The conclusion is that scores will probably improve, but that winners do not appear to be growing younger. Youth isn’t everything; experience still counts.

Categories: Fun, Statistics

### 20 replies »

1. Doug M says:

Regarding the chart of age of the winning golfer, it suggests a narritive that the sport moves in generations. A cluster of young hot-shots comes onto the scene every 20 years or so, and dominate the sport for an era.

The question would be, are we on the cusp of a the next generational shift. A tougher question than can be answered by data alone.

2. Les Johnson says:

William: your

Youth isnâ€™t everything; experience still counts.

I like to say that old age and treachery will beat youth and skill every time….

Finally, something I know about. 🙂

I don’t doubt today’s players are better on average but there is a lot of other factors to consider.

Over the years Augusta National has had a lot of changes. In 1934, for the first tournament, the course was just 6,800 yards. Today it is 7,435. There were originally 22 sand traps; now there are about double that number. Fairways are considerably narrower today, the greens have been elevated, etc. So, the course is considerably harder now.

More than offsetting this, though, is the HUGE improvement in equipment. Today’s equipment is far superior to what I played with in the 1980s, even. Compared to the 1940s it is like a Ferrari vs a Model-T. Until maybe 15-20 years ago, very few golfers could drive the ball 300 yards. Now many of them boom it out there 330, 350 yards. As for iron play, back in the 1980s I remember most players hitting a 6-iron on the par 3 16th. Now an 8 or even an 9-iron is common.

4. stan says:

Joel,

The biggest difference in the course is the fast greens. When they show Arnie and company playing the course 50 years ago, it’s amazing to see how hard they rapped their putts on those greens.

5. JH says:

All I know is that the Pros make the golf swing look so easy.

6. DAV says:

Watching golf is like watching someone solve a crossword puzzle.

7. Briggs says:

DAV,

Which people do. Wasn’t there a film about an annual crossword puzzle championship? Will Shortz was in it. Poster-sized puzzles being filled out by contestants with erasable markers in front of large, enthusiastic audiences.

8. max says:

Completely off-topic but this is a good graphic representation of the problem with the 95% significance totem of so much modern “science” which I saw yesterday.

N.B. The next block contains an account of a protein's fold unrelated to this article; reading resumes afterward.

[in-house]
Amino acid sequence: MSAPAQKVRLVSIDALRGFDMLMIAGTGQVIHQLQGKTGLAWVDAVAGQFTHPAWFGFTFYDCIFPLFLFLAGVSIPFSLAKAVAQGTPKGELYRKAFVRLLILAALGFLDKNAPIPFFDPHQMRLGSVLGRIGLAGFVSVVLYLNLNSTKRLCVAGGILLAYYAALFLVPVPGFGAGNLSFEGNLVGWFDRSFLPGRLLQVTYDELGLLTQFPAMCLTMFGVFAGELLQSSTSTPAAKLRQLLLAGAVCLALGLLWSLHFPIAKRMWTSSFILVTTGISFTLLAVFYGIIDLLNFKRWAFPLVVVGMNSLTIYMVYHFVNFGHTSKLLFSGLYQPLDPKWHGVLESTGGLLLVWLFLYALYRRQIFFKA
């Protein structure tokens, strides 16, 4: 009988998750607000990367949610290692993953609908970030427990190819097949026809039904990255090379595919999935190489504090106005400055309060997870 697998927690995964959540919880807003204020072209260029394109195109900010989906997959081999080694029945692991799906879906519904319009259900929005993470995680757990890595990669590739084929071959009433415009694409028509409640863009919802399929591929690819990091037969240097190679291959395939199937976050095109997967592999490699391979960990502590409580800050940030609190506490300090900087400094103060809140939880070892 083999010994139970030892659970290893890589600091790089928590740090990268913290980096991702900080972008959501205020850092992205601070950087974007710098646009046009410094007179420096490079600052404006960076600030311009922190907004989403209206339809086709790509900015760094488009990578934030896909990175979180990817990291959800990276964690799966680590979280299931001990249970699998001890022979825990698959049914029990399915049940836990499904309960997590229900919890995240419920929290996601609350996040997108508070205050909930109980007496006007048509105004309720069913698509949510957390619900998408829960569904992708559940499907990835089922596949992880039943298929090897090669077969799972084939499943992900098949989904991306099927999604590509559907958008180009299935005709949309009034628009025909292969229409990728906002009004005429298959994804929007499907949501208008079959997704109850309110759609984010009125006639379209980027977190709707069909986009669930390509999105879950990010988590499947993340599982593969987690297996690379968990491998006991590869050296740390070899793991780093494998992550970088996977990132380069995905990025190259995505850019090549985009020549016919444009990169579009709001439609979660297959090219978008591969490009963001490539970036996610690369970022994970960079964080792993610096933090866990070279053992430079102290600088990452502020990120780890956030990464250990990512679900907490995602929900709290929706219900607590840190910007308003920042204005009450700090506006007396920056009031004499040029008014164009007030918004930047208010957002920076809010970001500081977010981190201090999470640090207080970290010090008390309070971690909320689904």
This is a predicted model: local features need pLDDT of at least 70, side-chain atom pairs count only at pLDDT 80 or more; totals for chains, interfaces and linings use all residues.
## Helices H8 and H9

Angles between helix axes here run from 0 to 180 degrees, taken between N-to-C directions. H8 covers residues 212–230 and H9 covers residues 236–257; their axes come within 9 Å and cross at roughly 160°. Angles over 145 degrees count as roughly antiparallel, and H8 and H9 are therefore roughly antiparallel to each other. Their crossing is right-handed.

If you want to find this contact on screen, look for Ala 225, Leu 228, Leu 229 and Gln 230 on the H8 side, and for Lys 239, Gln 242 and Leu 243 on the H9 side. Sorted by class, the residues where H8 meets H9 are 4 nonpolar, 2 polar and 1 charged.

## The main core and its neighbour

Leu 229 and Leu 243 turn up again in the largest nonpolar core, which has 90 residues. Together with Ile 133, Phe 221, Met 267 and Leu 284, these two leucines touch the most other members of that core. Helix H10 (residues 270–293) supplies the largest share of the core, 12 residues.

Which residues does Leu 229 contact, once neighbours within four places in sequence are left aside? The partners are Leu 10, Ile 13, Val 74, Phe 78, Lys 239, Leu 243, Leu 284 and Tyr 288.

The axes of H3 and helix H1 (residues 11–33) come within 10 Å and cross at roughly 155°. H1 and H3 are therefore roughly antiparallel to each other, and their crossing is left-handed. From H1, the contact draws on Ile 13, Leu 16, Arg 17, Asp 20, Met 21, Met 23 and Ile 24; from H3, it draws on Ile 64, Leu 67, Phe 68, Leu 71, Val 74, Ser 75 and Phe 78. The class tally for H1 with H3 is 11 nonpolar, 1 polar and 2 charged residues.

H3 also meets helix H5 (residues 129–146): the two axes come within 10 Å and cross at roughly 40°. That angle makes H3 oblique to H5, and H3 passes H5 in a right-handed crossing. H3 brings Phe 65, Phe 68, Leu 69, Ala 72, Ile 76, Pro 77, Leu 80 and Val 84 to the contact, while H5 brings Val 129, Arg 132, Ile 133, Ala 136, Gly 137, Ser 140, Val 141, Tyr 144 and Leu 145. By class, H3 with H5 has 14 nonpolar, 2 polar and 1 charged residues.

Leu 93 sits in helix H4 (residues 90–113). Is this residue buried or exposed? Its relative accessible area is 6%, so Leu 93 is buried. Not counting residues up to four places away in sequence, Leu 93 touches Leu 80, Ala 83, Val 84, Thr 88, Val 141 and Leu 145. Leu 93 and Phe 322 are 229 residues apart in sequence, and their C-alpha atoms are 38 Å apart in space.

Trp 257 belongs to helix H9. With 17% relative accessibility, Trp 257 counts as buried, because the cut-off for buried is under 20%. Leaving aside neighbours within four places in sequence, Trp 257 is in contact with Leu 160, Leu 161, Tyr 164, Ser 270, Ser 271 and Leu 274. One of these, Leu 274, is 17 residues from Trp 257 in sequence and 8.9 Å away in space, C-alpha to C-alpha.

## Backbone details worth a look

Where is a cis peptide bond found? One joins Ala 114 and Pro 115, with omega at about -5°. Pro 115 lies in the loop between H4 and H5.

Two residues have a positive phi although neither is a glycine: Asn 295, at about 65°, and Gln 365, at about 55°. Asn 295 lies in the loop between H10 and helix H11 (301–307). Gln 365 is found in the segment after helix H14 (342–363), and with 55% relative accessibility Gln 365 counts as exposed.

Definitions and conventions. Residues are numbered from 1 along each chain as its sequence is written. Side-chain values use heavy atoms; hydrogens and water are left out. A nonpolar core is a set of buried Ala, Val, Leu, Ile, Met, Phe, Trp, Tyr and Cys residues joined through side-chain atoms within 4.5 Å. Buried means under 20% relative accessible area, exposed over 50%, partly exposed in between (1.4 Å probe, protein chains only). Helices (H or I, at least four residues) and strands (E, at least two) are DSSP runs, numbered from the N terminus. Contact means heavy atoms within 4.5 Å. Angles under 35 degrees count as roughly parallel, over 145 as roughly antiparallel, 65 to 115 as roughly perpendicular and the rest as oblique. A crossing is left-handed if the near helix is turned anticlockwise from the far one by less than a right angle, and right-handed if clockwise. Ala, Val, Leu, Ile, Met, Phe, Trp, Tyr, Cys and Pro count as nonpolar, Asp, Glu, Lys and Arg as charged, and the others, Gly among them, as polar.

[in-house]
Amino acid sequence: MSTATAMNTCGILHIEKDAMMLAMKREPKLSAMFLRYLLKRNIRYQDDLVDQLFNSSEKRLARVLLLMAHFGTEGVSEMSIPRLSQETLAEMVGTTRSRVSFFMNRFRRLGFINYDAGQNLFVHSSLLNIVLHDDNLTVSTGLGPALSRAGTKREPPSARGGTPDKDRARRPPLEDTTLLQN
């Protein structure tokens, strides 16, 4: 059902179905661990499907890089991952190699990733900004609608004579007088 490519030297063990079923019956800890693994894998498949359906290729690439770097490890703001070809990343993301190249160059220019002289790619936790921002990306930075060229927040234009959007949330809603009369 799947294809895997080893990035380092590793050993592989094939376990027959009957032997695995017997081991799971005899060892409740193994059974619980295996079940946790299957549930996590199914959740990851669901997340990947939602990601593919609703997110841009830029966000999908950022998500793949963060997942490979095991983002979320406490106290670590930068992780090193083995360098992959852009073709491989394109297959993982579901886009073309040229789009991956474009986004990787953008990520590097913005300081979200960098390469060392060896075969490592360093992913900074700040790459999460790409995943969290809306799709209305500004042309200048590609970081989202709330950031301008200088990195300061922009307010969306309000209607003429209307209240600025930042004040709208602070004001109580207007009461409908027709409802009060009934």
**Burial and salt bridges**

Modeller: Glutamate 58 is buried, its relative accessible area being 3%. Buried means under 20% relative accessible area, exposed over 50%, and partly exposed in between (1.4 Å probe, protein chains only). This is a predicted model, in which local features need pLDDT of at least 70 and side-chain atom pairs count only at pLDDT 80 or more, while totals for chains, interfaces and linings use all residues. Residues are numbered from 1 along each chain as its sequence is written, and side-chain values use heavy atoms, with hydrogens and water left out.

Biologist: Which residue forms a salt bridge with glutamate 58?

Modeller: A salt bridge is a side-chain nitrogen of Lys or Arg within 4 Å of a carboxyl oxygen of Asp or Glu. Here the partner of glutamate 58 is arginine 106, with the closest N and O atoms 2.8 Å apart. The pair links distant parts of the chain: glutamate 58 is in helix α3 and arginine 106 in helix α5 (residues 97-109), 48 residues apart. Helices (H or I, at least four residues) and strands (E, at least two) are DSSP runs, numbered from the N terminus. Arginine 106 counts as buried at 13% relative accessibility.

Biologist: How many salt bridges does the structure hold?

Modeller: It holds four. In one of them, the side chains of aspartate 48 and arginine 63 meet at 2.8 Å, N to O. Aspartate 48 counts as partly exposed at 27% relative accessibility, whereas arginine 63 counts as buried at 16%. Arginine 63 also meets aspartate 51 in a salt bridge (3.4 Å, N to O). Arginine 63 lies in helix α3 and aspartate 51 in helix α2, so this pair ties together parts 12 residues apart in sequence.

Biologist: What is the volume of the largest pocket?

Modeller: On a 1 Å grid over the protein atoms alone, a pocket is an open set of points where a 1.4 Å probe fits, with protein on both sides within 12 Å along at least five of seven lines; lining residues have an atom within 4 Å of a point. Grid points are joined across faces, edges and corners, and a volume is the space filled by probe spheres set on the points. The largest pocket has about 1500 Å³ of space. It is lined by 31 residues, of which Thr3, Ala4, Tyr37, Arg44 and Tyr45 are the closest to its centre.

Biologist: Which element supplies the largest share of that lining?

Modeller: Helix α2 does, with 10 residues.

http://www.xkcd.com/882/

9. Joel McDade and Stan have touched on one problem with the professor’s comparisons. The game is designed to be a test of a golfer against the course. That is the crux of the battle. The fact there are other humanoids out there undergoing the same struggle at the same time is simply icing on the cake.

Courses have changed so much over the years there simply is no longer a valid comparison. Talk to some of the pros on the Champions Tour [old geezers] and they will say the same. As experienced and skilled as they are, each year they are battling tougher and tougher courses. So that means younger players today on average are notably better than previous generations. The main reason for that, besides the better equipment, is the growth of youth programs such as First Tee and interscholastic competitive golf at the high school level.

Some say skill at golf is almost an unspoken requirement for access to the corporate world. That’s why one sees a large number of corporate tournaments and sponsorship of PGA events. The game is constructed around an “honor code”, so many CEO’s and HR bigwigs use the game to spot check new recruits’ ethical and social development.

10. Speed says:

Is there any human endeavor to which statistics have been more thoroughly and inexpertly applied for so little gain as sports?

11. DAV says:

Briggs,

Could be why they are called puzzles. OTOH, Wheel of Fortune has a following and not all of it caused by Vanna.

12. So, Tiger Woods held the largest margin of victory in 1997, four years before his first win at the age of 22 in 2001? Interesting.

13. j ferguson says:

It may be in golf as it seems to be in music. The top golfers are drawn from a larger cohort where there are many more opportunities to play very serious golf – making it more likely that people with the aptitude and drive will find their way to it. Consider that the guy who would have been a world class golfer 40 years ago but went into electrical engineering is now more likely to find his way into golf. And of course there are many more of those guys.

You could ask where were the other great golfers in 1956? Teaching economics.

Someone here may be closer to today’s symphonies than me, but when I go, even in towns not having widely-praised groups, I still hear marvelous musicians. There was a symphony in a midwest city (not Chicago) in the 60s which had a few good string players and one maybe two top woodwinds, but everyone else would not have made the cut today in even a much lesser city’s group.

They make better horns today. I suspect (but don’t know for sure) that there hasn’t been a lot of change in the other instruments. Again, there are more guys (and gals) with the aptitude and interest, and even a smaller city can have a great orchestra – assuming they can find a way to pay them.

14. Andrew Kennett says:

Max if you think WMB will like that xkcd he should also check out http://xkcd.com/808/

Rob and Briggs,

Tiger was 22 when he won his first Masters in 1997.

16. j ferguson says:

I hadn’t noticed the dates on the comments. Reading down, I came to one by a j ferguson. I read it, concluded that it was pretty good and was getting ready to comment that someone else was using my name and he seemed sharper than me.

We would have to decide who could use it and I would have to confess that I couldn’t match his insight. Then I saw the date and could vaguely remember writing it. What a relief. I do think I’m losing it though.

Some years ago, SWMBO and I were dining in a Wendy’s. She leaned over and whispered “John, look over there. There’s a woman who looks like I might in about 15 years.”

The place had two walls which were essentially mirrors. It was her.

There was dead silence, then we both cracked up.

17. Briggs says:

j ferguson (#2):

Ha ha ha!

18. Your prediction nailed it! Again! How do you do that?

SeÃ±or Ferguson seems astute – with his comments – and wise – to have not replied brashly at Wendy’s.

19. Gary C says:

Fred Couples was 32 not 42 when he won his Masters in 92.